Luke 5:1-11 – Surprised by Generosity

The Miraculous Catch of Fish by Patrick J. Murphy

One day Jesus was standing beside Lake Gennesaret when the crowd pressed in around him to hear God’s word. Jesus saw two boats sitting by the lake. The fishermen had gone ashore and were washing their nets. Jesus boarded one of the boats, the one that belonged to Simon, then asked him to row out a little distance from the shore. Jesus sat down and taught the crowds from the boat. When he finished speaking to the crowds, he said to Simon, “Row out farther, into the deep water, and drop your nets for a catch.”

Simon replied, “Master, we’ve worked hard all night and caught nothing. But because you say so, I’ll drop the nets.”

So, they dropped the nets, and their catch was so huge that their nets were splitting. They signaled for their partners in the other boat to come and help them. They filled both boats so full that they were about to sink. When Simon Peter saw the catch, he fell at Jesus’ knees and said, “Leave me, Lord, for I’m a sinner!” Peter and those with him were overcome with amazement because of the number of fish they caught. James and John, Zebedee’s sons, were Simon’s partners and they were amazed too.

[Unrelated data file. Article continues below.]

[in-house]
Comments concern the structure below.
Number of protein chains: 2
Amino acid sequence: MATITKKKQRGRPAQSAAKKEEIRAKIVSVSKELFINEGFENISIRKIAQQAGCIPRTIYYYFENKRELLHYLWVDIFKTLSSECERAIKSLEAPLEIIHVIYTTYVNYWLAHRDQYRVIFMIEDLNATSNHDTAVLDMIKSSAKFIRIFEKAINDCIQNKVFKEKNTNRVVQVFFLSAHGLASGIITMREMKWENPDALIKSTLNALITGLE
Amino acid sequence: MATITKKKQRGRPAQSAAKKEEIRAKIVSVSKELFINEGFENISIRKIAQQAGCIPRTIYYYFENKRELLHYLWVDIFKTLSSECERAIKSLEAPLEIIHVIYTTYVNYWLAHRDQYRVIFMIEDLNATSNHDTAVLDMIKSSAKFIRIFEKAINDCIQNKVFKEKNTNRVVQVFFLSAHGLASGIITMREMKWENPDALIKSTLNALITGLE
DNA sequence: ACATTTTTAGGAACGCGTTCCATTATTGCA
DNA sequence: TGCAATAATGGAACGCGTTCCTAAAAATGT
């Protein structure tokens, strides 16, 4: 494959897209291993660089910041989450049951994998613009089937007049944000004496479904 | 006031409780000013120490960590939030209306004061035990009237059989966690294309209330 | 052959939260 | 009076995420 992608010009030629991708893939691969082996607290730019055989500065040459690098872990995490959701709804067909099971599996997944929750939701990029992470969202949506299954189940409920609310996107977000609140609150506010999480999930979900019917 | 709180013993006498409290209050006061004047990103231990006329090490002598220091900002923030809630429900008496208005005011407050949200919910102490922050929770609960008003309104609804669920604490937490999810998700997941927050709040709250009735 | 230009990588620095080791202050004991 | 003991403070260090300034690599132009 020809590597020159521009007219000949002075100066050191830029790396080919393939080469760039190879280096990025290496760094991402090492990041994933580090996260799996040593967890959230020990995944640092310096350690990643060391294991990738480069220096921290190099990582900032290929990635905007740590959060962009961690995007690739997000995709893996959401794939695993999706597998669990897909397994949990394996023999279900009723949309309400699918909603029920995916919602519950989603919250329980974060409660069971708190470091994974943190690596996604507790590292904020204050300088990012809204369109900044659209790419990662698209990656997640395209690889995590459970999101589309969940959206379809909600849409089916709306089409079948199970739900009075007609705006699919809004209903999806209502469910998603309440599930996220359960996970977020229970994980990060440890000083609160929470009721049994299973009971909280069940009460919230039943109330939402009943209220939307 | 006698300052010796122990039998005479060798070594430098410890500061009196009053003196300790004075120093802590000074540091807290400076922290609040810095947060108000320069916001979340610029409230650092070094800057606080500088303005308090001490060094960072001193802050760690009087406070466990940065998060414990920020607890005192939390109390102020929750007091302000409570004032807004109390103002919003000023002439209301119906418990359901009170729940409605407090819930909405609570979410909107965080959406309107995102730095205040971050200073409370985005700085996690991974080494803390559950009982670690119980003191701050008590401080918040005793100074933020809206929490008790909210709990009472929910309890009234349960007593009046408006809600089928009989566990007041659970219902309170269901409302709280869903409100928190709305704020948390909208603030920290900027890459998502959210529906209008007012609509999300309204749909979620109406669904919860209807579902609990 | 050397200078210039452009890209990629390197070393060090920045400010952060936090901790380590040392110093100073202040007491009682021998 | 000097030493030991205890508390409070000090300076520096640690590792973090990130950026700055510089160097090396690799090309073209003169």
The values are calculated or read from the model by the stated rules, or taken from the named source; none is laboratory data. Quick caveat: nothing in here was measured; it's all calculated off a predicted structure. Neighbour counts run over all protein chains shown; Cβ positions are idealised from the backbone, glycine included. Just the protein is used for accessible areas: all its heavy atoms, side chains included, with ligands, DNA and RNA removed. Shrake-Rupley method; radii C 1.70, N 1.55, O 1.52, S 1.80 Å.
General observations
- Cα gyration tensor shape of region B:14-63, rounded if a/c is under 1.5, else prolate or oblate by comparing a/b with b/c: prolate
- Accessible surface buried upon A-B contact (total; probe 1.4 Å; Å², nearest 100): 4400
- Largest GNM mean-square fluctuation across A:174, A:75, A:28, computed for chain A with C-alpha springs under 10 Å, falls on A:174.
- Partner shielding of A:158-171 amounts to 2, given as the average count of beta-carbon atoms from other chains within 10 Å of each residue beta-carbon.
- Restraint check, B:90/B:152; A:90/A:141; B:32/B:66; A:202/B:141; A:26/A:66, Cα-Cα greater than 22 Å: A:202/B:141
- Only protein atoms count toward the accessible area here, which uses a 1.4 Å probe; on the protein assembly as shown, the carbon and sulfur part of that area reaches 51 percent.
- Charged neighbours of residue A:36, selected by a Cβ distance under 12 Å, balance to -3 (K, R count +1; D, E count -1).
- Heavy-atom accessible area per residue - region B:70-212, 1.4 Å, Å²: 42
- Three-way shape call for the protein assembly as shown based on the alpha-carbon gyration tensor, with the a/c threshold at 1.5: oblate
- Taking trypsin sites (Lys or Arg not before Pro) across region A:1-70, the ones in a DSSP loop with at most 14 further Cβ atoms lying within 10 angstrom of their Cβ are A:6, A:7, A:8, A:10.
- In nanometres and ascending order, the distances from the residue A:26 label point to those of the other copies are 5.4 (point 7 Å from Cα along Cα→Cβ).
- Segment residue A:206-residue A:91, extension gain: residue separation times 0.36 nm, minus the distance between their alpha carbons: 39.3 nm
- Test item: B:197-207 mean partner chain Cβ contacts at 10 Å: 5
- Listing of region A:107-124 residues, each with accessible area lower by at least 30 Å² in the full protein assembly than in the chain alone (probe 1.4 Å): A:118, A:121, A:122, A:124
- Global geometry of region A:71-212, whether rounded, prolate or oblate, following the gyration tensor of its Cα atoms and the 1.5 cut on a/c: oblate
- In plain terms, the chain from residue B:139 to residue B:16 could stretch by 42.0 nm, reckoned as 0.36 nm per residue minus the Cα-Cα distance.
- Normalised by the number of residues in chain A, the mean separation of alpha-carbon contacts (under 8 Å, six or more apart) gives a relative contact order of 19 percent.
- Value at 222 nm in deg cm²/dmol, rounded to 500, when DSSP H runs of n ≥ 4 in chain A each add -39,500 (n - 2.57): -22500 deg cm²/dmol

Jesus said to Simon, “Don’t be afraid. From now on, you will be fishing for people.” As soon as they brought the boats to the shore, they left everything and followed Jesus. (Common English Bible)

One of the most fundamental characteristics of God is generosity. God’s benevolent nature defines the divine stance toward humanity. This may not seem overly remarkable. Yet, when the infinite holiness of God intersects with the prideful arrogance of sinful people, gracious generosity is the unpredictable and amazing result.